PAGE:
What to Know About Pallor and Your Health

Medically Reviewed by Melinda Ratini, DO, MS on June 03, 2021

Pallor comes from the Latin word "palleo," which means to look pale or fade. Pallor is a condition in which a person’s skin and mucous membranes turn lighter than they usually are. Mucous membranes are the moist lining that covers and protects the organs inside your body and the body cavities exposed to the air, like the inside of your nose, ears, and mouth. ‌

The paleness of the skin may be seen all over the body or just in one area. Pallor is not the same as a condition called albinism, which is when your body produces little or no pigment (color) at all in your eyes, hair, and skin.

Pallor is treated as a serious condition if it is seen on:

  • The lips
  • The lining of the eyes
  • ‌The palms of your hands
  • ‌The inside of your mouth
  • The surface of the tongue

Conditions That Cause Pallor

‌Pallor is most commonly linked to anemia. But it can also be caused by any of the following conditions:

  • Aplastic anemia
  • Other types of anemia like autoimmune hemolytic anemia, Diamond–Blackfan anemia, and Fanconi anemia
  • ‌Anorexia, an eating disorder in which someone becomes obsessed with how much they weigh and what they eat
  • ‌‌Arterial occlusion 
  • ‌Chemical poisoning
  • ‌Cancer
  • ‌Deficiency in folic acid or vitamin B12
  • ‌Disseminated intravascular coagulation, a rare but serious condition in which small blood clots develop throughout the body, causing blockages for small blood vessels 
  • Drop in blood sugar
  • ‌Excessive bleeding
  • Exposure to cold or frostbite, a condition in which the skin and tissues just under the skin become frozen
  • ‌‌Fainting
  • ‌Fear or panic 
  • ‌Infections
  • ‌Kidney problems
  • Lack of sleep
  • ‌Lack of sun exposure
  • ‌Malnutrition
  • ‌Medicines
  • Motion sickness
  • ‌Problems with blood circulation
  • ‌Respiratory problems or shortness of breath
  • ‌Severe trauma
  • ‌Shock
  • ‌Tuberculosis, a contagious infection that mainly affects the lungs
  • ‌Thrombotic thrombocytopenic purpura, a condition where clotting forms in small blood vessels throughout the body causing a low platelet count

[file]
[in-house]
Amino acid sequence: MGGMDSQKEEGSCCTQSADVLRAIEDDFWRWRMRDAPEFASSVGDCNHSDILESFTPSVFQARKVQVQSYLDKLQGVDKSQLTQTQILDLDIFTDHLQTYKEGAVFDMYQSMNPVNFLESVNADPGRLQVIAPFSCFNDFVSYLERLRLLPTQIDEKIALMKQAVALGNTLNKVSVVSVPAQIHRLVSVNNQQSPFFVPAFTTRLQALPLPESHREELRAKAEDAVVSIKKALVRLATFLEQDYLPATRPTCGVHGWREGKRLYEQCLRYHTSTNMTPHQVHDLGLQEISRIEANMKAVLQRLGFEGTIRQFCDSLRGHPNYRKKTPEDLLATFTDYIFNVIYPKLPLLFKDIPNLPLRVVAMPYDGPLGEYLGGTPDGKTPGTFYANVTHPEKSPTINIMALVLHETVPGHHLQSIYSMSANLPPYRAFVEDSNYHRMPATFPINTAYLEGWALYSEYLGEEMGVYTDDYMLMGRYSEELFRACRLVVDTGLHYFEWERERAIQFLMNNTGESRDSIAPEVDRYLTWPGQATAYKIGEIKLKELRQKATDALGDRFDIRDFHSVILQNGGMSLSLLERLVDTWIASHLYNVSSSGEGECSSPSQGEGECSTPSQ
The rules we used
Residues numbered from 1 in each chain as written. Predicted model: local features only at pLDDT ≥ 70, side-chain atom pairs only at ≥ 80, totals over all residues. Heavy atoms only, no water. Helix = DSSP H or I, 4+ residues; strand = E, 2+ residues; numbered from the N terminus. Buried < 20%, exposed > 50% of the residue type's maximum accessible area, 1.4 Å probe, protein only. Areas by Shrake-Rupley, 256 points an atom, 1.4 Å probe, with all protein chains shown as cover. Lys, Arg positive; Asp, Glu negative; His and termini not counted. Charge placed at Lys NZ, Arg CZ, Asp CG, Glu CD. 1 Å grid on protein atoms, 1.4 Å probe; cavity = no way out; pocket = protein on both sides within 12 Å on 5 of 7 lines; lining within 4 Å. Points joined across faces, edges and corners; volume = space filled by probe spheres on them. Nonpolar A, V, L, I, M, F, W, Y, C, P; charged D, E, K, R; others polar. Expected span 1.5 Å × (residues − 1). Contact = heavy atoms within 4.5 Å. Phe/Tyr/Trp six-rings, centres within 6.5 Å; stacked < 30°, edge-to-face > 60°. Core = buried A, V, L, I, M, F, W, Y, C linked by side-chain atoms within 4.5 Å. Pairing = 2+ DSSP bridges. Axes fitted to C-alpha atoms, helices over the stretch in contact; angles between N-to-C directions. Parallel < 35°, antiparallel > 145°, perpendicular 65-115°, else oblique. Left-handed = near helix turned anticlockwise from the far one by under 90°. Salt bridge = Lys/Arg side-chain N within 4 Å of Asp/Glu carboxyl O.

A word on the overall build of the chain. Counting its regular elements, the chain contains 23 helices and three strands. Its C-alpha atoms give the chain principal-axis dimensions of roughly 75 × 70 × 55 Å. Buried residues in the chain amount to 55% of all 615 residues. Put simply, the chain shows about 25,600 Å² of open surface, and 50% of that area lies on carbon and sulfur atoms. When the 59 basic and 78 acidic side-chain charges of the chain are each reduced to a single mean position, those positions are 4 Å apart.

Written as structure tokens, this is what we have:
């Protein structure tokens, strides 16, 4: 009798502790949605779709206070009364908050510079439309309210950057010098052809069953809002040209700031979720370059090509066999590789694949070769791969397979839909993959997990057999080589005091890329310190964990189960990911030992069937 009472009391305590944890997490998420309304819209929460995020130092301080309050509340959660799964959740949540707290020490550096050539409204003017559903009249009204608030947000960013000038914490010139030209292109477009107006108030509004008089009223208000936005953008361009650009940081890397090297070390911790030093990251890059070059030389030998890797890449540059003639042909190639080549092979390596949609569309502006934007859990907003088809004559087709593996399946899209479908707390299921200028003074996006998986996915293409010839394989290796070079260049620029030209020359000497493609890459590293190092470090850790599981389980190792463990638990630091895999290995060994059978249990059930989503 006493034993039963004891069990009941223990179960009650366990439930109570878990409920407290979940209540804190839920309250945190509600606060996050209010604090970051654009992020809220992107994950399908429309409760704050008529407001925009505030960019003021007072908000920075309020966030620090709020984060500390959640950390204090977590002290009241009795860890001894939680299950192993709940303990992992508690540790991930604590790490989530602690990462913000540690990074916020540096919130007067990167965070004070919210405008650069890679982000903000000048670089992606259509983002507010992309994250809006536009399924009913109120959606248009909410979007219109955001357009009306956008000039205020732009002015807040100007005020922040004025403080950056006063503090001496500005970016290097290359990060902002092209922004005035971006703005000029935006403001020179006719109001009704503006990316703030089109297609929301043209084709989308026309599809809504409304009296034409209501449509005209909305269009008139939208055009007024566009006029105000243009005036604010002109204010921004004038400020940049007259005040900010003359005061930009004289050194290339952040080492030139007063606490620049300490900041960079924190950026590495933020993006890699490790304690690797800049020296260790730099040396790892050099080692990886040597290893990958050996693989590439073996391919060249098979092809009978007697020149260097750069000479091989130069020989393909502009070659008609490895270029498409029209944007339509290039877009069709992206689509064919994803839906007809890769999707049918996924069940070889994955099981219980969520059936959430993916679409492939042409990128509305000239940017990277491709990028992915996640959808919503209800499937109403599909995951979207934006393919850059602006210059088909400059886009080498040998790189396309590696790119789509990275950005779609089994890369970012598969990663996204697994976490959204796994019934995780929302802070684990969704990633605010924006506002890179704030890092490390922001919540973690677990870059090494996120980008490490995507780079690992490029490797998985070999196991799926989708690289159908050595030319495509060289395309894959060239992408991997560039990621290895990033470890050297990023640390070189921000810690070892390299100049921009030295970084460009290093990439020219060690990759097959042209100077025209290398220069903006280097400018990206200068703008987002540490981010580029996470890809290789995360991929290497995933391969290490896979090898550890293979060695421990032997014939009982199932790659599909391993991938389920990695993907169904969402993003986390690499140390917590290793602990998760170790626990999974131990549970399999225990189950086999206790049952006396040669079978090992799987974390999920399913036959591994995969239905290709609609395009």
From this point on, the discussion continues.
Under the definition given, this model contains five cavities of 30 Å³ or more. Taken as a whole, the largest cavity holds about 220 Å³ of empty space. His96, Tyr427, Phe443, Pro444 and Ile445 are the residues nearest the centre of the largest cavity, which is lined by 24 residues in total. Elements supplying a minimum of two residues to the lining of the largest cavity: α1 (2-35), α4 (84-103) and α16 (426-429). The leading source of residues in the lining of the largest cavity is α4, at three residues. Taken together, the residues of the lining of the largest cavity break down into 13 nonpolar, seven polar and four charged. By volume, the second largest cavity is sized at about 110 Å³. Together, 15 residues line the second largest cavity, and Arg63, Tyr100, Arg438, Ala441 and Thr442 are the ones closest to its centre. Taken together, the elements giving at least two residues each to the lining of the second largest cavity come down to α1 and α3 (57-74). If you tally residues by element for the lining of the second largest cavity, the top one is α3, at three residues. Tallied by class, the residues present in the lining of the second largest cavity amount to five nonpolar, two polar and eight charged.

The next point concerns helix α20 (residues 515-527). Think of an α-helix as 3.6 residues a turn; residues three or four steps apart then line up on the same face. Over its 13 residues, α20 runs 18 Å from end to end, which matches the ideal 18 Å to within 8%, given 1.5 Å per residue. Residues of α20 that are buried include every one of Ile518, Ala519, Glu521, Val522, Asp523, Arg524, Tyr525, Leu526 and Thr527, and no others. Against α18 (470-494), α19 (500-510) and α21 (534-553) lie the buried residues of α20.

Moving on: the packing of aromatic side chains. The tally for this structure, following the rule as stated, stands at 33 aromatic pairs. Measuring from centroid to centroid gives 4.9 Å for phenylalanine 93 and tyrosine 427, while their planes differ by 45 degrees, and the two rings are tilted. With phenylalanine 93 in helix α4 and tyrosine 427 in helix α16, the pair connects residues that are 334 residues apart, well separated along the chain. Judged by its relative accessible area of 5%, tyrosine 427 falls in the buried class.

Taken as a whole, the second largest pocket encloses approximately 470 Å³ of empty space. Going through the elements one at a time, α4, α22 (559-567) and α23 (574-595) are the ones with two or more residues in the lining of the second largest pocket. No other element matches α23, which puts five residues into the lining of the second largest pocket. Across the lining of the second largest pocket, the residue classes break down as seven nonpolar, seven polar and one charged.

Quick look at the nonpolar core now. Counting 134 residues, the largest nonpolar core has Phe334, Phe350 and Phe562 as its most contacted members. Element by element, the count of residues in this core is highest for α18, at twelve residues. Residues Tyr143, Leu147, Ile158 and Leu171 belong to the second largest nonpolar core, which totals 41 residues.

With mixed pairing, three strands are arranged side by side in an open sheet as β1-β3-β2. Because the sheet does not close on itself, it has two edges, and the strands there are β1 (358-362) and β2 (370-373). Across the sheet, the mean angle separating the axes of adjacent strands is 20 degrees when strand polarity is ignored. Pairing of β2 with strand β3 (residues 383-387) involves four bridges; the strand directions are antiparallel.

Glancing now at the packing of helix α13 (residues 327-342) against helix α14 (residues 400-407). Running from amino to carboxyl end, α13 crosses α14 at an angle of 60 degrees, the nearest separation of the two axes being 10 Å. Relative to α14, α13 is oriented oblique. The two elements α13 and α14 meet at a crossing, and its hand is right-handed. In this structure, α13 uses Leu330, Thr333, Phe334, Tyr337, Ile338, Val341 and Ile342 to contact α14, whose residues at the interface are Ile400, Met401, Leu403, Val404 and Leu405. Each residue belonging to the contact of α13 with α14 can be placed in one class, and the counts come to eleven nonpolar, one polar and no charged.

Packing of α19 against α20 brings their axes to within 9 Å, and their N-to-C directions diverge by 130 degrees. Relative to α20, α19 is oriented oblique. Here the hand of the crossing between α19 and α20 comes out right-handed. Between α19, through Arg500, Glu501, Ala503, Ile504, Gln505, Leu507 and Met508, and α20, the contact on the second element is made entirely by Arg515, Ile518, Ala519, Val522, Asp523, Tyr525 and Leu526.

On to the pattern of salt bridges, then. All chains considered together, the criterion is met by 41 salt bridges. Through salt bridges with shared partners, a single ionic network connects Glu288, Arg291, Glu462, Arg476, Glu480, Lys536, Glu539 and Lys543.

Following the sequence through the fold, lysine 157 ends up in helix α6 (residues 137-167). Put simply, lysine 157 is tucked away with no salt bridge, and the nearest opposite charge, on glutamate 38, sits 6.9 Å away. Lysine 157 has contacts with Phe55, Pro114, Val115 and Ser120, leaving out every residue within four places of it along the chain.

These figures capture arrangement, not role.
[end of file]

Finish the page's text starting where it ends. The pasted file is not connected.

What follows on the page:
• ‌‌Transient erythroblastopenia (slow-developing anemia) of childhood


‌Your doctor will conduct a complete examination, review your medical history, and run tests to find out why you have pale skin. Some of the tests that are usually performed include:

  • Complete blood count (CBC): This blood test is used to find out if you have anemia, infections, or other health conditions. The test may also be used to monitor how your blood is reacting to medicines or treatments.
  • ‌Differential blood count: This test measures the percentage of each type of white blood cell in your body and looks for abnormal white cell populations. 
  • Abdominal x-ray, ultrasound, or CT scan: Safe and painless tests that produce images of your abdominal organs. The tests vary depending on how detailed the images need to be.
  • Colonoscopy: This test is done to find out if there are abnormalities in the colon (large intestine) or rectum.
  • Kidney function tests: These tests check for the amount of waste products like urine and creatinine in the body. Doctors use these tests to find out if your kidneys are working properly.
  • Reticulocyte count test: This test checks for the amount of new red blood cells and is used to find out if you have any conditions that could be affecting your blood. 
  • Stool culture: This test looks for bacteria, viruses, or other germs that could be causing your condition. 
  • Serum pregnancy test: This test helps the doctor find out if the patient is pregnant. Pregnancy can be a common cause of anemia that shows up as pallor. 
  • Thyroid function tests: These tests check for the levels of thyroid hormone in your body. A thyroid that isn’t working well can cause anemia.
  • Vitamin and mineral deficiency tests: These tests look for deficiencies in vitamins or minerals that may be causing anemia or pallor.
  • Extremity arteriography. This test helps the doctor find out if you have a blocked or narrowed blood vessel in your extremities (your arms, feet, legs, and hands).   

Treatment of Pallor

‌The treatment for pallor can vary from person to person based on the medical condition that is causing it. For iron deficiency anemia, your doctor may recommend iron supplements. Sometimes more tests or additional treatments are needed if your doctor suspects that there is bleeding on the inside.  It is recommended to follow a healthy diet with iron- and vitamin c-rich foods to prevent iron deficiency anemia.

Long-Term Outlook

‌Since pallor can be caused by any of several different conditions, having the correct diagnosis is important. The long-term outlook depends on the medical condition, the severity, how quickly you get treatment, and the treatment options available. ‌Most cases of pallor can be managed successfully if you get medical help without delay. 

Show Sources


Mayo Clinic:  "Albinism," "Chronic kidney disease," "Colonoscopy," "Iron deficiency anemia." 

MedicineNet: "Pale Skin: Symptoms & Signs," "What Is Pallor a Sign Of?" 

Medscape: "Differential Blood Count." 

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